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  1. High-resolution 3D images of organelles are of paramount importance in cellular biology. Although light microscopy and transmission electron microscopy (TEM) have provided the standard for imaging cellular structures, they cannot provide 3D images. However, recent technological advances such as serial block-face scanning electron microscopy (SBF-SEM) and focused ion beam scanning electron microscopy (FIB-SEM) provide the tools to create 3D images for the ultrastructural analysis of organelles. Here, we describe a standardized protocol using the visualization software, Amira, to quantify organelle morphologies in 3D, thereby providing accurate and reproducible measurements of these cellular substructures. We demonstrate applications of SBF-SEM and Amira to quantify mitochondria and endoplasmic reticulum (ER) structures.
    Free, publicly-accessible full text available January 1, 2023
  2. Transmission electron microscopy (TEM) is widely used as an imaging modality to provide high-resolution details of subcellular components within cells and tissues. Mitochondria and endoplasmic reticulum (ER) are organelles of particular interest to those investigating metabolic disorders. A straightforward method for quantifying and characterizing particular aspects of these organelles would be a useful tool. In this protocol, we outline how to accurately assess the morphology of these important subcellular structures using open source software ImageJ, originally developed by the National Institutes of Health (NIH). Specifically, we detail how to obtain mitochondrial length, width, area, and circularity, in addition to assessing cristae morphology and measuring mito/endoplasmic reticulum (ER) interactions. These procedures provide useful tools for quantifying and characterizing key features of sub-cellular morphology, leading to accurate and reproducible measurements and visualizations of mitochondria and ER.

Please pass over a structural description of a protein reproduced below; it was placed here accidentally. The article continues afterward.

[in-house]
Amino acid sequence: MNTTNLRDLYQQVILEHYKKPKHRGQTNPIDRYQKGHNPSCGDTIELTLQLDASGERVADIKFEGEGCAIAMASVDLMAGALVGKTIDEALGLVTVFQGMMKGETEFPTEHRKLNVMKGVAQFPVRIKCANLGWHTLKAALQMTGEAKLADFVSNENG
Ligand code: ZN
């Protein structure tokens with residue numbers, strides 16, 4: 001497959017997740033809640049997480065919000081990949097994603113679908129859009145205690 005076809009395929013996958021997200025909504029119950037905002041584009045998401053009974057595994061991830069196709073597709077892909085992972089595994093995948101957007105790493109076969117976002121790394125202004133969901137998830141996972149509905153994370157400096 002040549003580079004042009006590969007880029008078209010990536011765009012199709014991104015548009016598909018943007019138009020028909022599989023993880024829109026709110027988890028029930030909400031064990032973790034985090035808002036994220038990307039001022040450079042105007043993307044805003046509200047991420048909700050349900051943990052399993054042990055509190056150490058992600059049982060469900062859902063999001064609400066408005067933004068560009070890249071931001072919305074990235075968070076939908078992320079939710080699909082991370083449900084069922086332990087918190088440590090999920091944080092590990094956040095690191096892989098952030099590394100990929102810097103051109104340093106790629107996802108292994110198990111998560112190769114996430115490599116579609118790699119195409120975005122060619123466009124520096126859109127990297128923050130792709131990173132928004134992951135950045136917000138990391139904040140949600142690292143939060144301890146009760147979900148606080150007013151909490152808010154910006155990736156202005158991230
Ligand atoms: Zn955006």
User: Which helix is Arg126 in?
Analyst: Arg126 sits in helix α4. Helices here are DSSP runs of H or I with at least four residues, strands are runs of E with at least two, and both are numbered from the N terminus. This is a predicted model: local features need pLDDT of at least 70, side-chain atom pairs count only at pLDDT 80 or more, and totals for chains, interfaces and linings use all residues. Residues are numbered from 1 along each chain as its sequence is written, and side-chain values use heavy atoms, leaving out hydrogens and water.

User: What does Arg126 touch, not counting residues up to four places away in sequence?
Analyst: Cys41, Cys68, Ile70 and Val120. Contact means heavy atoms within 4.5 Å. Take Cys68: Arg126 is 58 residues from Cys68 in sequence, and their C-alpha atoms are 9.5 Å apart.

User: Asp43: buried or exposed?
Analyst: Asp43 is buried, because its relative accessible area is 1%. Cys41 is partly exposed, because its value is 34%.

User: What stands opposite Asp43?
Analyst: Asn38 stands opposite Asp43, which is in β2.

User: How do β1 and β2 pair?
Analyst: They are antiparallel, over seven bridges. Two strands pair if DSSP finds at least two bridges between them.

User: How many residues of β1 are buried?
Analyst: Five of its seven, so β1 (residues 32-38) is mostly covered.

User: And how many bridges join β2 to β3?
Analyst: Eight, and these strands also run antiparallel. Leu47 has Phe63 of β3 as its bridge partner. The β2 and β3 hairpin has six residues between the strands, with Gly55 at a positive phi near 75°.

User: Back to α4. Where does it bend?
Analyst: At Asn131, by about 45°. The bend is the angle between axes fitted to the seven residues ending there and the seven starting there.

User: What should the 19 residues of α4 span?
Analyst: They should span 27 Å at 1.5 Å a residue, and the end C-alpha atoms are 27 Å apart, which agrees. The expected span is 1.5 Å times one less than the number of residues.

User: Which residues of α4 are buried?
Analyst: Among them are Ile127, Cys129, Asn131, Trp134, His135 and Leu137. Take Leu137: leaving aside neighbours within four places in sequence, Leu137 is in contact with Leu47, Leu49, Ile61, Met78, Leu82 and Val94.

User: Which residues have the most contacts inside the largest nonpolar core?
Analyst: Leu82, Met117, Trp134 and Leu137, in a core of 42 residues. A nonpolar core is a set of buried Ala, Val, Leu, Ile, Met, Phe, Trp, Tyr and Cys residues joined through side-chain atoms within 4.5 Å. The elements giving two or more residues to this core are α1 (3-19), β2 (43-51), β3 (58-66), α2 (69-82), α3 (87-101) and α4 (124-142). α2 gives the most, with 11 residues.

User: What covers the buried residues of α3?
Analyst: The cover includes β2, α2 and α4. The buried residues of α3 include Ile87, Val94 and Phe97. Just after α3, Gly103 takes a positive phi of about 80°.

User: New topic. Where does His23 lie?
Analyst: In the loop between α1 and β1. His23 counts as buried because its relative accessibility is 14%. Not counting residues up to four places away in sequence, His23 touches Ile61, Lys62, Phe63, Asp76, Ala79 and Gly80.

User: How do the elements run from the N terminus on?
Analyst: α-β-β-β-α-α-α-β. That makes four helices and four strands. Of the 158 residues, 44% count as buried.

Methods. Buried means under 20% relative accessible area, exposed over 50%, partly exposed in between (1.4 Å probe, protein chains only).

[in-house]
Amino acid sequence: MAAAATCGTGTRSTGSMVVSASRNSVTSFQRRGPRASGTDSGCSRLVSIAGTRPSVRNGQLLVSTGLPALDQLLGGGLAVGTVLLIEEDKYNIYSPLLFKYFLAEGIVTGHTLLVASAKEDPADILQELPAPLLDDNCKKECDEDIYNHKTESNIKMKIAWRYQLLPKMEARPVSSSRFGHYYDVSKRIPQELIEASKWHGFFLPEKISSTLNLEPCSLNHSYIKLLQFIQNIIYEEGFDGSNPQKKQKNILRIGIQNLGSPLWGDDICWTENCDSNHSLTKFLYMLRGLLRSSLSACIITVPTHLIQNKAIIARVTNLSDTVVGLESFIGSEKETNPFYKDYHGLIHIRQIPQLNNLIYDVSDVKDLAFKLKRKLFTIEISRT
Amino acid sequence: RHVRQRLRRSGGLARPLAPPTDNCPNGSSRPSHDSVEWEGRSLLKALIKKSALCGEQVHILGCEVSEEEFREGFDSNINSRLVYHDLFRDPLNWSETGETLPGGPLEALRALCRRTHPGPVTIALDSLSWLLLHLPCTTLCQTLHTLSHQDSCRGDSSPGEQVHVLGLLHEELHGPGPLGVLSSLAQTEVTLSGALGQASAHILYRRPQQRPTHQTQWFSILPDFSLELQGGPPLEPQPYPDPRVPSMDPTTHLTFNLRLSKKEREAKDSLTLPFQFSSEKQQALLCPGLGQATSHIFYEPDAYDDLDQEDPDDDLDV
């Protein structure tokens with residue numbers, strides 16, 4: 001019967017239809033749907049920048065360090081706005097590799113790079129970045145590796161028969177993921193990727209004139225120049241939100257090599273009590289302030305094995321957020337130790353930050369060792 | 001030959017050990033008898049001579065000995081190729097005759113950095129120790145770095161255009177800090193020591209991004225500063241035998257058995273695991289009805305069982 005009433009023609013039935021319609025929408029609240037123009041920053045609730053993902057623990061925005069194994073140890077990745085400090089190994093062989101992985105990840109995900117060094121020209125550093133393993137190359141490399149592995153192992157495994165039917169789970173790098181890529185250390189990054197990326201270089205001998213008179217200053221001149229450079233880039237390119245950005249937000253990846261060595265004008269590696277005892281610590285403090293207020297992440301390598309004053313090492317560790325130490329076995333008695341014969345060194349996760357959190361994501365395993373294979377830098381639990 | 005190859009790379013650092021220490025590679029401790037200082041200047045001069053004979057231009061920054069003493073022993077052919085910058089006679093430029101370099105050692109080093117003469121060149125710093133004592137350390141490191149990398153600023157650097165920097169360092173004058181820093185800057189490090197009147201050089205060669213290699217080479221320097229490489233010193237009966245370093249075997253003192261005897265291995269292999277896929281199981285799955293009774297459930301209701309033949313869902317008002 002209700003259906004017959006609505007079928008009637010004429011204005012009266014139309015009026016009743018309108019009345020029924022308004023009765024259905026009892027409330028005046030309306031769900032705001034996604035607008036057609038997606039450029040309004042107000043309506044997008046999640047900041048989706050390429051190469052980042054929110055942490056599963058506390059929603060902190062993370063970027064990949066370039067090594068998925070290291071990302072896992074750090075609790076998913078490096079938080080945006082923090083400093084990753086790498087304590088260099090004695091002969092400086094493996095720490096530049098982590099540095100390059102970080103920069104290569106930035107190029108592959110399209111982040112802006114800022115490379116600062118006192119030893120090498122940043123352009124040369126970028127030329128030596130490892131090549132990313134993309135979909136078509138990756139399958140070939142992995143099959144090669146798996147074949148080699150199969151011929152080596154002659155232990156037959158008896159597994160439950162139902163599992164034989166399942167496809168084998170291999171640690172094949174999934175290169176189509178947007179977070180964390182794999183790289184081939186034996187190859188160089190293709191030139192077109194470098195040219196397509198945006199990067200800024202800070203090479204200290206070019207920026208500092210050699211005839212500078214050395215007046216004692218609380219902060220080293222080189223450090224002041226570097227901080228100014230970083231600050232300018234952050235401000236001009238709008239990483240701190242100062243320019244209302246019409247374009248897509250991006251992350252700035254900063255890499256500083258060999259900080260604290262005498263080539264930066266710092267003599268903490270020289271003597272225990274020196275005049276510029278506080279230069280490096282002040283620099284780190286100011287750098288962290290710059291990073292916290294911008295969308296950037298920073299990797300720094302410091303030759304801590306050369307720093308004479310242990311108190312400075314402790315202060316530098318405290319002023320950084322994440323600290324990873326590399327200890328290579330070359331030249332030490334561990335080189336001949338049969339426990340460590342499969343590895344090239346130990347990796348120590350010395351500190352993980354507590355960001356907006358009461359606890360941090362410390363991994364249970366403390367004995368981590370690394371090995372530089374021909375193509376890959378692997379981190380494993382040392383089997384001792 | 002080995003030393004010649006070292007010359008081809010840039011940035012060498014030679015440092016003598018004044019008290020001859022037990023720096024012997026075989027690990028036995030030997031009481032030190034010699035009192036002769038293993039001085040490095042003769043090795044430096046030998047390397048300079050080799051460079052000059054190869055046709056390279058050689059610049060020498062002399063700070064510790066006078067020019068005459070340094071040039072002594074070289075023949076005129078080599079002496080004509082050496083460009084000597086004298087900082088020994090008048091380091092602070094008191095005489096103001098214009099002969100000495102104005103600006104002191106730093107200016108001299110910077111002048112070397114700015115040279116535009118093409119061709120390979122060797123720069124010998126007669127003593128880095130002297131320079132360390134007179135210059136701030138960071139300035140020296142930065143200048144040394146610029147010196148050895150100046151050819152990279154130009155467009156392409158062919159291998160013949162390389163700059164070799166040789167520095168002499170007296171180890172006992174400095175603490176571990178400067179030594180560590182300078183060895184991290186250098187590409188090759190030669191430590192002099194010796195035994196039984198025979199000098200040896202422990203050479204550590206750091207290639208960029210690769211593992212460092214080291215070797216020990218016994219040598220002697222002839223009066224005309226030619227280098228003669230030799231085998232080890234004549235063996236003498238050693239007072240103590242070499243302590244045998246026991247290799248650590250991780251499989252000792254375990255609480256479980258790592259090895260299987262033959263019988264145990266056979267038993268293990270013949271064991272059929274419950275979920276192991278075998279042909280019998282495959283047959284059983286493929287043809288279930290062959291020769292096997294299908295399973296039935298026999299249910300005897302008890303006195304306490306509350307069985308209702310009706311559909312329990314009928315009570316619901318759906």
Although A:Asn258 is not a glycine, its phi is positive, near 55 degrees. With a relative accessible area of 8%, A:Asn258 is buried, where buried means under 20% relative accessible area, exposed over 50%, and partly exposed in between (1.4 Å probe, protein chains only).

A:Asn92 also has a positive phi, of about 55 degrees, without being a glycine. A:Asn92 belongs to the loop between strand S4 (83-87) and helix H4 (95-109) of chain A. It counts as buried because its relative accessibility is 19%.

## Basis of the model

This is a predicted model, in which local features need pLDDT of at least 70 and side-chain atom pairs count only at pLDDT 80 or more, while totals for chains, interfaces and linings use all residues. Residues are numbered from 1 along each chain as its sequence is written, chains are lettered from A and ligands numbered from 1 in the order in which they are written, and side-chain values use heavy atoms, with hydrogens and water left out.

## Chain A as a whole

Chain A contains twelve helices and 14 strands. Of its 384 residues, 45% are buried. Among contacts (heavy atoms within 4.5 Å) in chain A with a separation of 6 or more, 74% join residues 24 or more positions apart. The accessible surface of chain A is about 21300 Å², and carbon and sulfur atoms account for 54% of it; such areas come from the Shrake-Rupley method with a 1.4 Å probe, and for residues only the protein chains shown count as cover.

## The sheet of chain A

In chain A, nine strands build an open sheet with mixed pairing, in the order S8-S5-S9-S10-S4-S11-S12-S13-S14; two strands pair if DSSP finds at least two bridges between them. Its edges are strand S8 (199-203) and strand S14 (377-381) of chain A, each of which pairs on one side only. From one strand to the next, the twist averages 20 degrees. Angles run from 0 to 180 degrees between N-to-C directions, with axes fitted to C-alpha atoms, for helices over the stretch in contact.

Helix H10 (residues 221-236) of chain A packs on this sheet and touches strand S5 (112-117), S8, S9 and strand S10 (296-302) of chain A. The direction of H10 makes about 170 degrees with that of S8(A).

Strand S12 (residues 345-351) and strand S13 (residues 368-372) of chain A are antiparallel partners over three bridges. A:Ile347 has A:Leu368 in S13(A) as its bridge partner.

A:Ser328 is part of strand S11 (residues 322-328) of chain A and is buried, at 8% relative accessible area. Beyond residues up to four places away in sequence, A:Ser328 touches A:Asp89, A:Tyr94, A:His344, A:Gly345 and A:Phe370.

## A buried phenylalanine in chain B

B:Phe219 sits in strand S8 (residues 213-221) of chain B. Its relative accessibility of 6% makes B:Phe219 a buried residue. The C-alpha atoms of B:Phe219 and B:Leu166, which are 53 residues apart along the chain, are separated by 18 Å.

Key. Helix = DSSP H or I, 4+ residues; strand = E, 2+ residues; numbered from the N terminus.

3. Autophagosomes and lysosomes work in tandem to conduct autophagy, an intracellular degradation system which is crucial for cellular homeostasis. Altered autophagy contributes to the pathophysiology of various diseases, including cancers and metabolic diseases. Although many studies have investigated autophagy to elucidate disease pathogenesis, specific identification of the various components of the cellular degradation machinery remains difficult. The goal of this paper is to describe an approach to reproducibly identify and distinguish subcellular structures involved in autophagy. We provide methods that avoid common pitfalls, including a detailed explanation for how to distinguish lysosomes and lipid droplets and discuss the differences between autophagosomes and inclusion bodies. These methods are based on using transmission electron microscopy (TEM), capable of generating nanometer-scale micrographs of cellular degradation components in a fixed sample. In addition to TEM, we discuss other imaging techniques, such as immunofluorescence and immunogold labeling, which can be utilized for the reliable and accurate classification of cellular organelles. Our results show how these methods may be employed to accurately quantify the cellular degradation machinery under various conditions, such as treatment with the endoplasmic reticulum stressor thapsigargin or the ablation of dynamin-related protein 1.